Feb 18th 2010
As companies search for a path to growth and corporate board members express doubt that the U.S. economy can return to pre-crisis growth in the near-term, boards are putting their more immediate focus on risk management as they refine their oversight processes, according to new research by the Audit Committee Institute (ACI) of Big Four accounting firm, KPMG LLP.
"It's more than understandable that companies are struggling to grow in this economy, and it's also clear that risk oversight is at the top of the agenda not only for companies and boards, but for investors, legislators, regulators and others," said Henry R. Keizer, KPMG's global head of audit.
"Directors are clearly not getting swept away by rhetoric. Rather, they're reassessing the adequacy of their risk oversight processes as they help shepherd their organizations through an economic recovery, anticipated shifts in public policy, and regulatory reform," Keizer said.
Addressing risk oversight, new SEC proxy disclosures
In the ACI survey conducted during KPMG's Audit Committee Roundtables held in December in 28 U.S. cities, and attended by more than 1,200 board members and senior executives, more than half of the survey respondents said they are confident their board is prepared to disclose how it oversees risk in order to address the SEC's new disclosure requirements.
"There's growing recognition evidenced in our survey that risk oversight is a full board responsibility," said Keizer. "It's also a 'team sport,' involving every director and every standing committee."
Keizer noted that the focus of the audit committee, with regard to specific areas of risk, seems to be narrowing. Aside from its core responsibility for oversight of financial-reporting, some 70 percent said their audit committee has primary responsibility for oversight of financial risks (e.g., access to capital, cash flow, debt covenants), legal/regulatory compliance risk (63 percent), and IT security/privacy risks (58 percent). Only 18 percent said their audit committee has primary responsibility for oversight of strategic risks, suggesting that such responsibility rests with the full board.
Long road to pre-crisis growth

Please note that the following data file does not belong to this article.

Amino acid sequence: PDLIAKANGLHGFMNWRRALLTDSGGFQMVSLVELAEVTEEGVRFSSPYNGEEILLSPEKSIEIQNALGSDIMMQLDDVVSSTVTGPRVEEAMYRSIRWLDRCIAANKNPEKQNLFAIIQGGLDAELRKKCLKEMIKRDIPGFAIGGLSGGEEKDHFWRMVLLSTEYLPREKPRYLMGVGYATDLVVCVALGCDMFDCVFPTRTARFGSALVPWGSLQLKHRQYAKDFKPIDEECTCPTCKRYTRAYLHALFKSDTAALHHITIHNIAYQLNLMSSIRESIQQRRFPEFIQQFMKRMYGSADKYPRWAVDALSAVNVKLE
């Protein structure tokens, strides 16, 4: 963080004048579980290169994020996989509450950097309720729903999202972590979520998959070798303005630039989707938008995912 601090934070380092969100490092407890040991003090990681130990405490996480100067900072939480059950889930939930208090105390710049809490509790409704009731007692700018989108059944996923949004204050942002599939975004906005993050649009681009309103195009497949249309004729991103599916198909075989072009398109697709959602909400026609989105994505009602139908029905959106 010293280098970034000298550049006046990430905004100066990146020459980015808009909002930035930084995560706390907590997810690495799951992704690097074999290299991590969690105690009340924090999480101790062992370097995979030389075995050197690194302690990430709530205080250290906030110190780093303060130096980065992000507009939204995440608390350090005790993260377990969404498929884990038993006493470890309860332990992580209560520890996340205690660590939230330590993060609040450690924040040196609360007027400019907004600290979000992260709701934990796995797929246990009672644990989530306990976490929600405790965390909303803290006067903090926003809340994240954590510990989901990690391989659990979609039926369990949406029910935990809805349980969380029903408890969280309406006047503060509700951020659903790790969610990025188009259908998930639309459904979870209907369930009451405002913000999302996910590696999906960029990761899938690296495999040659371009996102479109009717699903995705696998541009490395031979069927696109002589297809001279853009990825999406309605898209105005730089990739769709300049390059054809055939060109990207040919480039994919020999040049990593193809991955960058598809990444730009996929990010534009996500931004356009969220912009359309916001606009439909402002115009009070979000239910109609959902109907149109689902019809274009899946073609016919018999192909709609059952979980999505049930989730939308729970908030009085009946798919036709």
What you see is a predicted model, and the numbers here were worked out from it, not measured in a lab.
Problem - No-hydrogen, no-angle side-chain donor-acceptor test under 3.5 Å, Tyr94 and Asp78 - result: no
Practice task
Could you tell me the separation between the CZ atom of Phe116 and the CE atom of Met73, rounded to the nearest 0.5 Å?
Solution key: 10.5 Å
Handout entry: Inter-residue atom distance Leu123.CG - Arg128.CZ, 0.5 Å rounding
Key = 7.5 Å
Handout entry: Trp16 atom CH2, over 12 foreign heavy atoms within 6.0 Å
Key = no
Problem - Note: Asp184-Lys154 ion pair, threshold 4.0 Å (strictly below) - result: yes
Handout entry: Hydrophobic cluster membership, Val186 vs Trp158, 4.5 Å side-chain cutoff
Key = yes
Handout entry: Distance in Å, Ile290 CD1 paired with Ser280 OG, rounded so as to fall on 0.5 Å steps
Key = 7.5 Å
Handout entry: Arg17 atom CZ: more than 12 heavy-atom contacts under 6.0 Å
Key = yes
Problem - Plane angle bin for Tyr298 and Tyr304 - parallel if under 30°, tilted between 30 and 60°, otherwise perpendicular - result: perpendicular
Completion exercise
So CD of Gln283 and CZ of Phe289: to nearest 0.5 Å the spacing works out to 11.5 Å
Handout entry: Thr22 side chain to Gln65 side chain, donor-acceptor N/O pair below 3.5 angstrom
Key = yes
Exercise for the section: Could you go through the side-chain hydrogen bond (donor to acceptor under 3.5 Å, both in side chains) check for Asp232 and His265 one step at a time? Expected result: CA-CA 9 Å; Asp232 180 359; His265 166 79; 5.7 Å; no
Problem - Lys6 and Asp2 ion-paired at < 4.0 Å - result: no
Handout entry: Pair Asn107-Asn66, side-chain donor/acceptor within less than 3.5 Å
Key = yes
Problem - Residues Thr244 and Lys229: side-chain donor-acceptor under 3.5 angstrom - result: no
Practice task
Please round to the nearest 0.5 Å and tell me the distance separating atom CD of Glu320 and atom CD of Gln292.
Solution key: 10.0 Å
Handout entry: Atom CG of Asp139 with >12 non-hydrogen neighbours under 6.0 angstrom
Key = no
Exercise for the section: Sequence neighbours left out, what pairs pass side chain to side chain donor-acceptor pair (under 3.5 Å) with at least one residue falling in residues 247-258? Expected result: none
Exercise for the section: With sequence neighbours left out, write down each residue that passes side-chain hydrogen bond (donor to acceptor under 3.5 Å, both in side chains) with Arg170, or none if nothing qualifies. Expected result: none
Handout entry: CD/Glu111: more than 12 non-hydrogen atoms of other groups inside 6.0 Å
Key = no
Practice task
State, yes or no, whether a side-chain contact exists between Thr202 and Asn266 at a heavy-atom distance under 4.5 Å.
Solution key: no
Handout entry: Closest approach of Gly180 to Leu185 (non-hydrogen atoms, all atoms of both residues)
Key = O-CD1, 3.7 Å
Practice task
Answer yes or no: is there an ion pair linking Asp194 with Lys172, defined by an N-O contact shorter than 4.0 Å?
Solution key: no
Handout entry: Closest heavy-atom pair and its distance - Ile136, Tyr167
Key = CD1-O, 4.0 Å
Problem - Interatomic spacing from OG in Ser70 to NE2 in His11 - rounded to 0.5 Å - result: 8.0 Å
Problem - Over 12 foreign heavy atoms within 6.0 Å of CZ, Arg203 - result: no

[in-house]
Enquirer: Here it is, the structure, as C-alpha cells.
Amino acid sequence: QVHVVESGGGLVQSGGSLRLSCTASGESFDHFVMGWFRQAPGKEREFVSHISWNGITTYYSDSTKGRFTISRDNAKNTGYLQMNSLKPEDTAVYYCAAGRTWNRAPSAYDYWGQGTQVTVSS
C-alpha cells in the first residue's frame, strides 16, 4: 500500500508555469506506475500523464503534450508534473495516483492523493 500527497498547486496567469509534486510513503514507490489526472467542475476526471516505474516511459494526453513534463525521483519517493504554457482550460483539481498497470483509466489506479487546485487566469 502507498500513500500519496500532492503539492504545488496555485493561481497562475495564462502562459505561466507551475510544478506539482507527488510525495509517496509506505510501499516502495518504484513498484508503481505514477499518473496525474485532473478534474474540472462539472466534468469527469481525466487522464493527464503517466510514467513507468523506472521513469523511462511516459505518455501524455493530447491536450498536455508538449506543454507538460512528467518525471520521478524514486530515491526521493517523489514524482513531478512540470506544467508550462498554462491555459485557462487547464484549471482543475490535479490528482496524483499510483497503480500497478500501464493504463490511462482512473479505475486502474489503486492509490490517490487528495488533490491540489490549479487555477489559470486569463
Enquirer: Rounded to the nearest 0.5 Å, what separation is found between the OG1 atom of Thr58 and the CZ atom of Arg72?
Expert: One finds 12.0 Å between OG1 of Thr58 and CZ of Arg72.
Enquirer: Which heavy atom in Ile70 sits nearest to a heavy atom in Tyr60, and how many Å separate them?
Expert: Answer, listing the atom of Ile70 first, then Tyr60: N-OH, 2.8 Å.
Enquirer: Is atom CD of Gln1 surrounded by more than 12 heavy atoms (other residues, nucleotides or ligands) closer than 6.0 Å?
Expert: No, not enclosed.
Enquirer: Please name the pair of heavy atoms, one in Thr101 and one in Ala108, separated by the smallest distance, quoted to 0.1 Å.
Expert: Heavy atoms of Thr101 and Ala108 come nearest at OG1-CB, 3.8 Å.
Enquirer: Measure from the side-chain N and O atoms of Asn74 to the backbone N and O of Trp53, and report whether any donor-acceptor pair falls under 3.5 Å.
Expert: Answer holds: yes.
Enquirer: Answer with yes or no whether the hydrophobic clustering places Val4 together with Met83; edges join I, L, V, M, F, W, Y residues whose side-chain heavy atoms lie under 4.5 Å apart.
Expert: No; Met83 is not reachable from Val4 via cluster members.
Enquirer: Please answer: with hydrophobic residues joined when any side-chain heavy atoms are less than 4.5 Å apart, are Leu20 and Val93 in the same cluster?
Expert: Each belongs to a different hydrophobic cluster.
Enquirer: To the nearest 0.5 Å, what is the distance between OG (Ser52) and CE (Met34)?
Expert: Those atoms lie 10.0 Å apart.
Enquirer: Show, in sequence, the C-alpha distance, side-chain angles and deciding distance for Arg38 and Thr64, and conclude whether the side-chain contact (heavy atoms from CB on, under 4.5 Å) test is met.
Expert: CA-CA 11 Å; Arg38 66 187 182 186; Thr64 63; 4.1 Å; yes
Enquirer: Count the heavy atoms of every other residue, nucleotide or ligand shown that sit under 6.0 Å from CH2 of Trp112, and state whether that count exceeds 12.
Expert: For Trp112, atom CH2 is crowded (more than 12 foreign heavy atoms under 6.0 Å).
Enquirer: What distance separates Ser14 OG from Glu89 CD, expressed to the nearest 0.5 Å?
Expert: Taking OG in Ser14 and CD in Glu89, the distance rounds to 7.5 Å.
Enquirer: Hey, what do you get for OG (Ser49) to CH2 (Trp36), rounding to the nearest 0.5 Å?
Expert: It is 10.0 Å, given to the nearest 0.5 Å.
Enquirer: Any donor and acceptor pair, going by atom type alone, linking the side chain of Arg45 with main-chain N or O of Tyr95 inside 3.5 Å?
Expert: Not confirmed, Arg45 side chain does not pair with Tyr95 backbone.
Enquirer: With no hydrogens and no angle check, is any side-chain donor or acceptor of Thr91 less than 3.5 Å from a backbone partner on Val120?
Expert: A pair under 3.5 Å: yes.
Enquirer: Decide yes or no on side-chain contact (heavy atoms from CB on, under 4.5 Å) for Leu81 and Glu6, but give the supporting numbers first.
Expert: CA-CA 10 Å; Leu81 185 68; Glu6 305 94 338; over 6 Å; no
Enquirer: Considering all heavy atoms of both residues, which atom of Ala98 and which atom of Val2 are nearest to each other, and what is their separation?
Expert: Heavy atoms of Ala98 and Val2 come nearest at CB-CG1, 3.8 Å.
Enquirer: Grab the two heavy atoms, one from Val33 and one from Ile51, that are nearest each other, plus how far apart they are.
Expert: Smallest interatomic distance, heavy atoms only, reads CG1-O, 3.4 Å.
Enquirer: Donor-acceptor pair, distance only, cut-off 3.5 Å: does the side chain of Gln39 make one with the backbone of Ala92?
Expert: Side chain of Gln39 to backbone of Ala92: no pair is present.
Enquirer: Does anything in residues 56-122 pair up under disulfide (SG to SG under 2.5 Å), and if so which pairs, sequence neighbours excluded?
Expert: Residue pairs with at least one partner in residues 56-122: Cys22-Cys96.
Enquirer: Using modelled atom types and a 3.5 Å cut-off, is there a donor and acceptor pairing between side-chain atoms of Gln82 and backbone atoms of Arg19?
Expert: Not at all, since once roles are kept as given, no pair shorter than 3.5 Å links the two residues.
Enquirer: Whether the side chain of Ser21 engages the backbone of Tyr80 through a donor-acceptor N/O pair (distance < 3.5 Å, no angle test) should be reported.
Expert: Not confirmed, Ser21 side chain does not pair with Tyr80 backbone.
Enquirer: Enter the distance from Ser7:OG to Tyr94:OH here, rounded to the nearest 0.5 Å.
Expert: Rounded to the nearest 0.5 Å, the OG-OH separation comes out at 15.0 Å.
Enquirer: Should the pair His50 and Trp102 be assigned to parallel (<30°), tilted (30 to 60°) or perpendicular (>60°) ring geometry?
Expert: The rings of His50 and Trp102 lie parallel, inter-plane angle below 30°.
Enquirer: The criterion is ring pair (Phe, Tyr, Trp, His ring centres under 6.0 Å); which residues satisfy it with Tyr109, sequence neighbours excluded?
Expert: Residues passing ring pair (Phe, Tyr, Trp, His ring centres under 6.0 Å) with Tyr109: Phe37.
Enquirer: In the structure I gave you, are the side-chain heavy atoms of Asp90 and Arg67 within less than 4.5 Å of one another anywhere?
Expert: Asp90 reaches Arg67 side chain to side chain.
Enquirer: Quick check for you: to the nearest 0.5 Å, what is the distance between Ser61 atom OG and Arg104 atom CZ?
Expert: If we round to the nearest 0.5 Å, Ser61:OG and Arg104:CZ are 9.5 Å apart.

Mary Pat McCarthy, executive director of ACI and a KPMG vice chair, said, "Our regular survey with corporate directors and senior executives during our roundtables nationwide found that 45 percent of respondents said they do not expect the U.S. economy to reach pre-crisis growth in terms of investment, employment and productivity before at least 2013, and 22 percent said it would be beyond 2014.
"An even more pessimistic 17 percent said the economy would not see pre-crisis growth 'for the foreseeable future,' while 15 percent said recovery could come in 2011. Just 1 percent said recovery could occur in 2010," McCarthy said. Similarly, in a separate response, the majority (66 percent) said American companies will not return to "business as usual" and will operate in this new environment through at least 2013.
Impact of cost reductions
In the ACI survey, 45 percent of the respondents expressed concern about the sustainability of the cost reductions undertaken by their companies in response to the economic crisis. "Significant cost-cutting can create a variety of risks to the business, both near- and long-term," said McCarthy. "Our survey found significant concern in this area."
McCarthy noted that a majority of the ACI survey respondents (67 percent) said they were most concerned about the impact of cost-cutting on their company's employee talent and training. Other concerns include the impact of cost-reductions on internal controls (36 percent), fraud risk (25 percent), management of outsourcing and supply chain (24 percent), financial reporting integrity (21 percent), and the Foreign Corrupt Practices Act and compliance issues (9 percent). Some 13 percent of the respondents said their organization had not implemented significant cost reductions.
While previous recessions were characterized by short-term belt-tightening and a quick return to normal, current cost reductions may be much longer-term, and possibly permanent, McCarthy said, adding that, "Boards should consider if cost reductions went too far; whether internal controls may have been affected as a result; whether the organization has retained the flexibility to respond to changing customer and market demands; and whether cost cutting may have affected its talent pool for future leadership."
Preparing for public policy initiatives, economic recovery
Keizer added that boards also indicated concern about anticipated major public policy initiatives – including healthcare, the environment, energy, and financial services regulation – which will likely impose additional reporting, transparency and compliance obligations on a broad cross-section of companies and industries. "These reforms may require new or modified compliance, risk, and governance oversight processes," said Keizer.
The uncertain economic recovery notwithstanding, McCarthy said the majority of board members believed their companies were prepared for better times: 68 percent said they had confidence that their company was well positioned to take advantage of an economic recovery, while 27 percent said they were somewhat confident and 5 percent said they were not confident.
About the Audit Committee Roundtable Series
Launched in 1999, the Audit Committee Roundtable Series is hosted by KPMG's Audit Committee Institute (ACI) every spring (May/June) and fall (November/December). You can view KPMG's Fall 2009 Roundtable Report.